repo-beer

Let me know your favorites, and if you see any that you think should have made the list, please post a comment.

Also, if you have any ideas for future Top 10 lists you’d like to see, drop me a line.

Top 10 Beer Stories of 2009

top-10
Here we go again. It’s year’s end once more and time for reflection on the past and what it might mean for the future, or at least the next year. While these top ten lists are ubiquitous at this time of year, I enjoy them too much all year long to not continue them through the holidays. It helps, I think, to stop and reflect on what happened over the previous year which puts the whole year in perspective and makes it easier to prepare for the coming one. So here are my choices for the top ten beer stories of 2009.
 

The Explosion of Beer Weeks: Prior to this year there had been beer weeks, but 2009 saw an explosion of new week-long beer celebrations all around the country. Beerapalooza morphed into SF Beer Week, along with new ones in Baltimore, Detroit, Los Angeles, San Diego, Seattle and two in Washington, D.C. And more are planned for 2010, bringing the total number of beer weeks very close to two dozen.

Bill Brand Passed Away: This is probably a bigger story in the Bay Area, but Bill’s influence as a beer writer was broader and wider than just Northern California. Bill had many more stories to tell when the train struck him in February of this year, and his loss continues to be felt throughout the beer world.

ABIB Begins Acting Like We Thought They Would: Despite promises by InBev throughout the negotiating process to buy Anhesuer-Busch, the newly configured ABIB in January began acting exactly like everyone who’s followed the company believed they would. In January they closed their London brewery, V-P Bob Lachky left mysteriously in February, in early March they began dictating new terms to understandably pissed-off suppliers and at the end of that month suspended the “born on date” on many brands. That’s in addition to lay-offs, price hikes and other “changes” to their corporate structure.

White House Ties To Neo-Prohibitionists: This was quite troubling, especially to those of us in the Liberal camp, but in April newly elected President Obama chose the Director of MADD to head the National Highway Traffic Safety Administration, all but insuring no sane decisions in the near future. A few months later, in October, it was revealed that the head of neo-prohibitionist groups had visited the White House on numerous occasions, even meeting with the President a few times. During the same time period, no beer or alcohol representatives had similar access. And all this took place while the neo-prohibitionist groups were crying about the beer lobby and its undue influence in government.

Tactical Nuclear Penguin: Love it or hate it, no beer managed to get as much ink this year as the Scottish BrewDog’s record-beating Tactical Nuclear Penguin. At 32% a.b.v., it’s now the strongest beer in the world. The collaboration between Dogfish Head and Sierra Nevada that resulted in Life & Limb was a close second.

The Beer Summit: Though July’s presidential Beer Summit at the White House did no real favors for craft beer, it did put beer front and center in the public consciousness for a few days. Everyone wanted to talk beer and the speculation about what beer each of the three men would choose became fever pitch in the days leading up to the non-event.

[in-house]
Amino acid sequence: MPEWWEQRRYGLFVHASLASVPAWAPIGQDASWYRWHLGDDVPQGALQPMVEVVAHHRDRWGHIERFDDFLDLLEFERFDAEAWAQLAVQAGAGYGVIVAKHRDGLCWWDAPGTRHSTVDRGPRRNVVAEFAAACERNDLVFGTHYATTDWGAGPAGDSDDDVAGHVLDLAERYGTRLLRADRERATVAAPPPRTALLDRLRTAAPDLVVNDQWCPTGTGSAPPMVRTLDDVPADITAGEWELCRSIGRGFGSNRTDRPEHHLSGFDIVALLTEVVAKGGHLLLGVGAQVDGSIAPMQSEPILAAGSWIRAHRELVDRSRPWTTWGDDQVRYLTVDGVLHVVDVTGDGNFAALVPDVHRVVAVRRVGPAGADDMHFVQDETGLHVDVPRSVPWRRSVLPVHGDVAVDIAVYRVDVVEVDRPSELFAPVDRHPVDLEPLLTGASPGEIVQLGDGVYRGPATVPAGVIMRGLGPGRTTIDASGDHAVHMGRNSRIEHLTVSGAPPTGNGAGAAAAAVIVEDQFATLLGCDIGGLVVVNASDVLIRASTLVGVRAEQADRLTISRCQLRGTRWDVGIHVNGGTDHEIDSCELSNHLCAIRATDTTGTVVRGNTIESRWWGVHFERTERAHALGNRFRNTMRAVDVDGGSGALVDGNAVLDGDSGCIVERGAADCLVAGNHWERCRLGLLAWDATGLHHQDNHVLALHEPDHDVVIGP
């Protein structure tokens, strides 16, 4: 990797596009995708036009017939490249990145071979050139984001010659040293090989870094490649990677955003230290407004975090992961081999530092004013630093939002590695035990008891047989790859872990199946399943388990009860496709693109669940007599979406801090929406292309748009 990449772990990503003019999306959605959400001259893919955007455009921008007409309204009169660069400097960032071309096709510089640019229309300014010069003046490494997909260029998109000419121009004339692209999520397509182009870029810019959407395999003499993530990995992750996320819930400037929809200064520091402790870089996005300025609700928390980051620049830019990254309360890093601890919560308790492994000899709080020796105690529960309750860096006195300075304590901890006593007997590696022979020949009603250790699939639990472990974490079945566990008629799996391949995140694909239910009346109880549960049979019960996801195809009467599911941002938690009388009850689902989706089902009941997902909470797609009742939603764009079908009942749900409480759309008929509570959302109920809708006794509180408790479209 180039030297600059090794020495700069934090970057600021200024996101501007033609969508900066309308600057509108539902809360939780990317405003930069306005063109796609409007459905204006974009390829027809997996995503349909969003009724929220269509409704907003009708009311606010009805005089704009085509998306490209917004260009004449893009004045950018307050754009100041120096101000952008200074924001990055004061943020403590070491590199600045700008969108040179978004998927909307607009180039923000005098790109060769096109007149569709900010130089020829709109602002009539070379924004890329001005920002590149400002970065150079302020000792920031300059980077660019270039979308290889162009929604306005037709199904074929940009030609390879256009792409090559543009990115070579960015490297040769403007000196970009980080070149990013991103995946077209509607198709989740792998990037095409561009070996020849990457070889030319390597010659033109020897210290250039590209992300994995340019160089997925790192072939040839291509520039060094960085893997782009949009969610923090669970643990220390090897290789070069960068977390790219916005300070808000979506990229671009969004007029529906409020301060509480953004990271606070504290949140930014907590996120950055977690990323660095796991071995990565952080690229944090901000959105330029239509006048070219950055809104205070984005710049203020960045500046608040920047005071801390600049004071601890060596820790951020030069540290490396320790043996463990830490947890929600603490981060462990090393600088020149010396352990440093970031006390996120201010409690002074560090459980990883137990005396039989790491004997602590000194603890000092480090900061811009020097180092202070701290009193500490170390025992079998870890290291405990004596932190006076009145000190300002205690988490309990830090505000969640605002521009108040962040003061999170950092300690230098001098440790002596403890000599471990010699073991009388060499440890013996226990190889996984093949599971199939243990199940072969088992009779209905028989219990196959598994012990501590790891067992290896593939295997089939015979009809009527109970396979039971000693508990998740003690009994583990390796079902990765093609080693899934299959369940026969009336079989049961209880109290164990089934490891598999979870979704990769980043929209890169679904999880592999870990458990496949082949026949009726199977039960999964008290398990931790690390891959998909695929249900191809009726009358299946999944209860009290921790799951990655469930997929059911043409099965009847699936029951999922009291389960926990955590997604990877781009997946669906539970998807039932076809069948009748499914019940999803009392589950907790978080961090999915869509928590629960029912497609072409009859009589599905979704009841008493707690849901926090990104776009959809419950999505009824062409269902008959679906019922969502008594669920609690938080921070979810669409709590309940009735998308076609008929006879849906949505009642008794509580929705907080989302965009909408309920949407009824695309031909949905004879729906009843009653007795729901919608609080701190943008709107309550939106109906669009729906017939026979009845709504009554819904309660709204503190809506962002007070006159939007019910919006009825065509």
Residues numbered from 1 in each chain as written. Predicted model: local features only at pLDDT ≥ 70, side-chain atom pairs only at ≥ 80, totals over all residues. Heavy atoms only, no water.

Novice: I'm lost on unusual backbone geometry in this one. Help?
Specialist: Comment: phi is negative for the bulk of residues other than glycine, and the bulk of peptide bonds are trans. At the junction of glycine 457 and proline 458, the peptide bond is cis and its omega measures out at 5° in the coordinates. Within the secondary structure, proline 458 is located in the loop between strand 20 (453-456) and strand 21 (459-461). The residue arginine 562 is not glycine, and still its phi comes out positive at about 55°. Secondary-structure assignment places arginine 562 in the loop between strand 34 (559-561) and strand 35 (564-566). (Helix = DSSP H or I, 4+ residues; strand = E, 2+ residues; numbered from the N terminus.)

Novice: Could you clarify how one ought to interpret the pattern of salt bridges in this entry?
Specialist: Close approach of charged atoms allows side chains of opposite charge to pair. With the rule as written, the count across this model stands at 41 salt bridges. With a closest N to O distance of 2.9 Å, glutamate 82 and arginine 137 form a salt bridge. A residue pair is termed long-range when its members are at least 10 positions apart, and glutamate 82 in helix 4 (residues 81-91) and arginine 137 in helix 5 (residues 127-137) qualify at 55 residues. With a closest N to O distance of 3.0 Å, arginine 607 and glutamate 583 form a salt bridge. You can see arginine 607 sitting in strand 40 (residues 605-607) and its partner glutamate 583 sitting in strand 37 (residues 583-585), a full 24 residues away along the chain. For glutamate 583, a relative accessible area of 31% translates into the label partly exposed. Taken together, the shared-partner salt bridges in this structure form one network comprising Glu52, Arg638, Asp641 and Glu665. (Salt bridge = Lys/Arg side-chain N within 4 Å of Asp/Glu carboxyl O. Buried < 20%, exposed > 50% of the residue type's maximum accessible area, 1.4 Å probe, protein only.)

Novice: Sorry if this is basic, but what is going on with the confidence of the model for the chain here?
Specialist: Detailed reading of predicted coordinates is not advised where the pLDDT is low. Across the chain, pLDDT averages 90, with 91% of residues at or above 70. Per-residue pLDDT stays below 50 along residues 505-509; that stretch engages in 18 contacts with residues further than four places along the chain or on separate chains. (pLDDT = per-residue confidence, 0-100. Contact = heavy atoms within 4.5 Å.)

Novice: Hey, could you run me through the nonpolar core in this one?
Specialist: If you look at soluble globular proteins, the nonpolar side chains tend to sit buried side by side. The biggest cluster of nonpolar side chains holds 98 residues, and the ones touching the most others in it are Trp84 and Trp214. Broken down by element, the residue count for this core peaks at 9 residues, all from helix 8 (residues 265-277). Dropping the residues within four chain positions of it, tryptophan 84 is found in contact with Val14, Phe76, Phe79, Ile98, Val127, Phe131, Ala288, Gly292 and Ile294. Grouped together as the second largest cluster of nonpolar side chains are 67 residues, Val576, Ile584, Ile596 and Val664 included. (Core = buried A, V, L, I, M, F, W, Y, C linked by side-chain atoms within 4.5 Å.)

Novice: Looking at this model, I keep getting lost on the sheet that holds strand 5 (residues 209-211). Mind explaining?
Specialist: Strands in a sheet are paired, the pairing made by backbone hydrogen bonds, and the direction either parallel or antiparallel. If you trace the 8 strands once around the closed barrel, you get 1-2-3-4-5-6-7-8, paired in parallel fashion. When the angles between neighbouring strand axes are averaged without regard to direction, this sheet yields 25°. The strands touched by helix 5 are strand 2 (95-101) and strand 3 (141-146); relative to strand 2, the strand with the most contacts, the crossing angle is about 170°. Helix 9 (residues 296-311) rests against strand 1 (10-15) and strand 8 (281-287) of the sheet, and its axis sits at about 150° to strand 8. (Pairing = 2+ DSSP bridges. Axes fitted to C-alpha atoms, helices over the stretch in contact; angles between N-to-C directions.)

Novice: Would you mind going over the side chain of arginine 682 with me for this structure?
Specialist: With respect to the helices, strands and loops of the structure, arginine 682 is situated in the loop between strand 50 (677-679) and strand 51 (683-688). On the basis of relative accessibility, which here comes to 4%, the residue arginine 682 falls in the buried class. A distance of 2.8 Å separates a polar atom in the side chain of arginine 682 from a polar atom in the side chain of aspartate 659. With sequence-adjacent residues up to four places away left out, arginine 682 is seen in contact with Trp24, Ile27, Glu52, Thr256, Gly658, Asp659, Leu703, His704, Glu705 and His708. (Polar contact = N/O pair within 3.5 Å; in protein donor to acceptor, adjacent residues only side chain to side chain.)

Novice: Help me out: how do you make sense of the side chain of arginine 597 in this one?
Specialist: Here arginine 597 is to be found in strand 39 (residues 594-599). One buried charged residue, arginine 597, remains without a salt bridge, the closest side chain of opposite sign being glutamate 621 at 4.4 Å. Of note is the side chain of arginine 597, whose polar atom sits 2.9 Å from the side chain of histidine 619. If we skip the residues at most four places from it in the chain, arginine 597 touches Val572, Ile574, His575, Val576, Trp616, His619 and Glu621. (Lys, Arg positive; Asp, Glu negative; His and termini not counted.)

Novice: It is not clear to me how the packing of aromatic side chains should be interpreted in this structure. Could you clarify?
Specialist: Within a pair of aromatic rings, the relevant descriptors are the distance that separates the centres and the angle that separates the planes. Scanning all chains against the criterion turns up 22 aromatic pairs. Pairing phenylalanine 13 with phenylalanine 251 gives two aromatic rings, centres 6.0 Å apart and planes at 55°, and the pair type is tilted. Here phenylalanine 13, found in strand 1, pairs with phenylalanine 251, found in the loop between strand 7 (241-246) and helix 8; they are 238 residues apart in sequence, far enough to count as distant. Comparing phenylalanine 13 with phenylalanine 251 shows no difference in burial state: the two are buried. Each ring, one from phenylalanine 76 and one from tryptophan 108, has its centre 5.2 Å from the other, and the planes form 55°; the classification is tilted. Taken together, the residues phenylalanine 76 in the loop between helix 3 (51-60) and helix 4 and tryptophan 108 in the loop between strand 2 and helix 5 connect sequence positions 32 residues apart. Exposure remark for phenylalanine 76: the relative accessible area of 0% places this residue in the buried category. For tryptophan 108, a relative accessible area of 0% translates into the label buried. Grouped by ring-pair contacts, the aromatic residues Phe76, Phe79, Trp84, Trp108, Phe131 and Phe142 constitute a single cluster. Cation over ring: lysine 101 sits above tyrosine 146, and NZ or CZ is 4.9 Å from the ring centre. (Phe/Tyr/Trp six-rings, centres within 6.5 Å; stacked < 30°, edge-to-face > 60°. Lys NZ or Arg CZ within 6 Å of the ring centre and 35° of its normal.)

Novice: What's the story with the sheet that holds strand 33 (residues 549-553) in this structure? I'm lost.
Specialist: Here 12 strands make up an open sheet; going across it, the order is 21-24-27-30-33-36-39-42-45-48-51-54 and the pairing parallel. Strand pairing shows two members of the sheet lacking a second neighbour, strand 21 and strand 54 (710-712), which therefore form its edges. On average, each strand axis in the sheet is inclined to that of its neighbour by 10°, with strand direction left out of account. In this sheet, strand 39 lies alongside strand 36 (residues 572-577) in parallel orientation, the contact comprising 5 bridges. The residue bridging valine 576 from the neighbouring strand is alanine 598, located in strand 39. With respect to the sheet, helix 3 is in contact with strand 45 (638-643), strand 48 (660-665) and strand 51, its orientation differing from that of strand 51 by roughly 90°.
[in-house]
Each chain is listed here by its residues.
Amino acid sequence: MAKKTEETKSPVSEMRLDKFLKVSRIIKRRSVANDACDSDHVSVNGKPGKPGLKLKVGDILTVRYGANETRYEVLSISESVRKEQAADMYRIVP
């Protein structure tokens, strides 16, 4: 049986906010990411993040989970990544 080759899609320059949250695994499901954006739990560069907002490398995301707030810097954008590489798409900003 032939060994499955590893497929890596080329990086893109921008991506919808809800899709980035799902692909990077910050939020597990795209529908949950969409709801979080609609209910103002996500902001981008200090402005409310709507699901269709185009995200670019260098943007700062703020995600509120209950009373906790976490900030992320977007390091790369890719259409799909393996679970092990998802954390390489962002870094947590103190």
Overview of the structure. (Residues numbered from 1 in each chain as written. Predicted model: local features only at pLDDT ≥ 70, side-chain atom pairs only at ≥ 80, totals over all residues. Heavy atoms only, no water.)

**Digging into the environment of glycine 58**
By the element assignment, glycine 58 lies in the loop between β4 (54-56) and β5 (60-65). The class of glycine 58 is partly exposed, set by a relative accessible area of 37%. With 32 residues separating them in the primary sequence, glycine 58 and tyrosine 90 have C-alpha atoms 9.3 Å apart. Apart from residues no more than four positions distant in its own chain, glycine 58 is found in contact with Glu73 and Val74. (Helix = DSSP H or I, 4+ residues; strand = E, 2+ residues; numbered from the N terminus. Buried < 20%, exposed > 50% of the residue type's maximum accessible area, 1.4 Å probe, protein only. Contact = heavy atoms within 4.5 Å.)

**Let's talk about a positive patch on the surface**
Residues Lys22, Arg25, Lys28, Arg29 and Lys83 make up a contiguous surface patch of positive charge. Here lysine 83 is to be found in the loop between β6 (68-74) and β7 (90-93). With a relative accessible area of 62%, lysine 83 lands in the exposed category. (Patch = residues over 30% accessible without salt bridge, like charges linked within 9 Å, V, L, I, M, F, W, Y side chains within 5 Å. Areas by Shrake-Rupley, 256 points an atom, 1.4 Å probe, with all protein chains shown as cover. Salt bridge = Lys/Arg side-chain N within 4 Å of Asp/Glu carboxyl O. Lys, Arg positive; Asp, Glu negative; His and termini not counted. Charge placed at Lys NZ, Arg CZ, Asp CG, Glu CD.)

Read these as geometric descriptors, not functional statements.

Rock Art’s Vermonster vs. A True Monster: This year’s David and Goliath story involved the Hansen Beverage Company and their flagship Monster Energy Drink. It’s probably no coincidence that they recently signed a distribution with the famously litigious Anheuser-Busch, but when they got wind of a seasonal release by the tiny Rock Art Brewery, named Vermonster, a battery of white-lipped attorneys were set loose on the unsuspecting Vermont microbrewery. The arguments that they made were more facetious than even are normally made in these bully fights, and there was a groundswell of outrage, helped along by new social media like Twitter and Facebook. In the end, Hansen backed down and got essentially what Rock Art offered them in the beginning, but with the added bonus that many people — myself included — will never buy another Hansen’s product as long as they live. Bullies should never be rewarded.

Beer Wars: The Movie: While the movie itself sparked its own war of sorts online, the pre-release marketing and filmmaker Anat Baron’s continued engagement of the beer community afterward has kept its message going, debated and analyzed for most of the year. Whether you appreciated what the film was trying to accomplish or not, it did keep things lively throughout 2009.

It’s the Economy, Stupid: When the economy tanked, many states and even the Federal government — urged on by neo-prohibitionists taking advantage of the situation — floated bills and other legislation trying to punish the beer and alcohol industry with higher taxes. The rationale for all of this was that strapped budgets needed to be put right and called on alcohol to pay even more than it already does (which is more than any other goods save tobacco.) While many such misguided attempts were ultimately defeated, many more remain open and worrisome.

Recession-Proof Craft Beer: Though the sales figures for craft beer did dip slightly, they continued to be healthy and far greater then either imports or domestic macrobeer. And growth by dollars continued to rise, in part due to higher prices, but also due in part to consumer’s willingness to pay a little bit more for better beer, seen as an affordable luxury. This essentially confirmed the recession-proof nature of beer, and especially craft beer. I’ve personally spoken to many, many breweries who are continuing to see excellent sales and sales growth in stark contrast to the big guys.

And what will next year bring? See my post later this week with my predictions for the beer industry in 2010.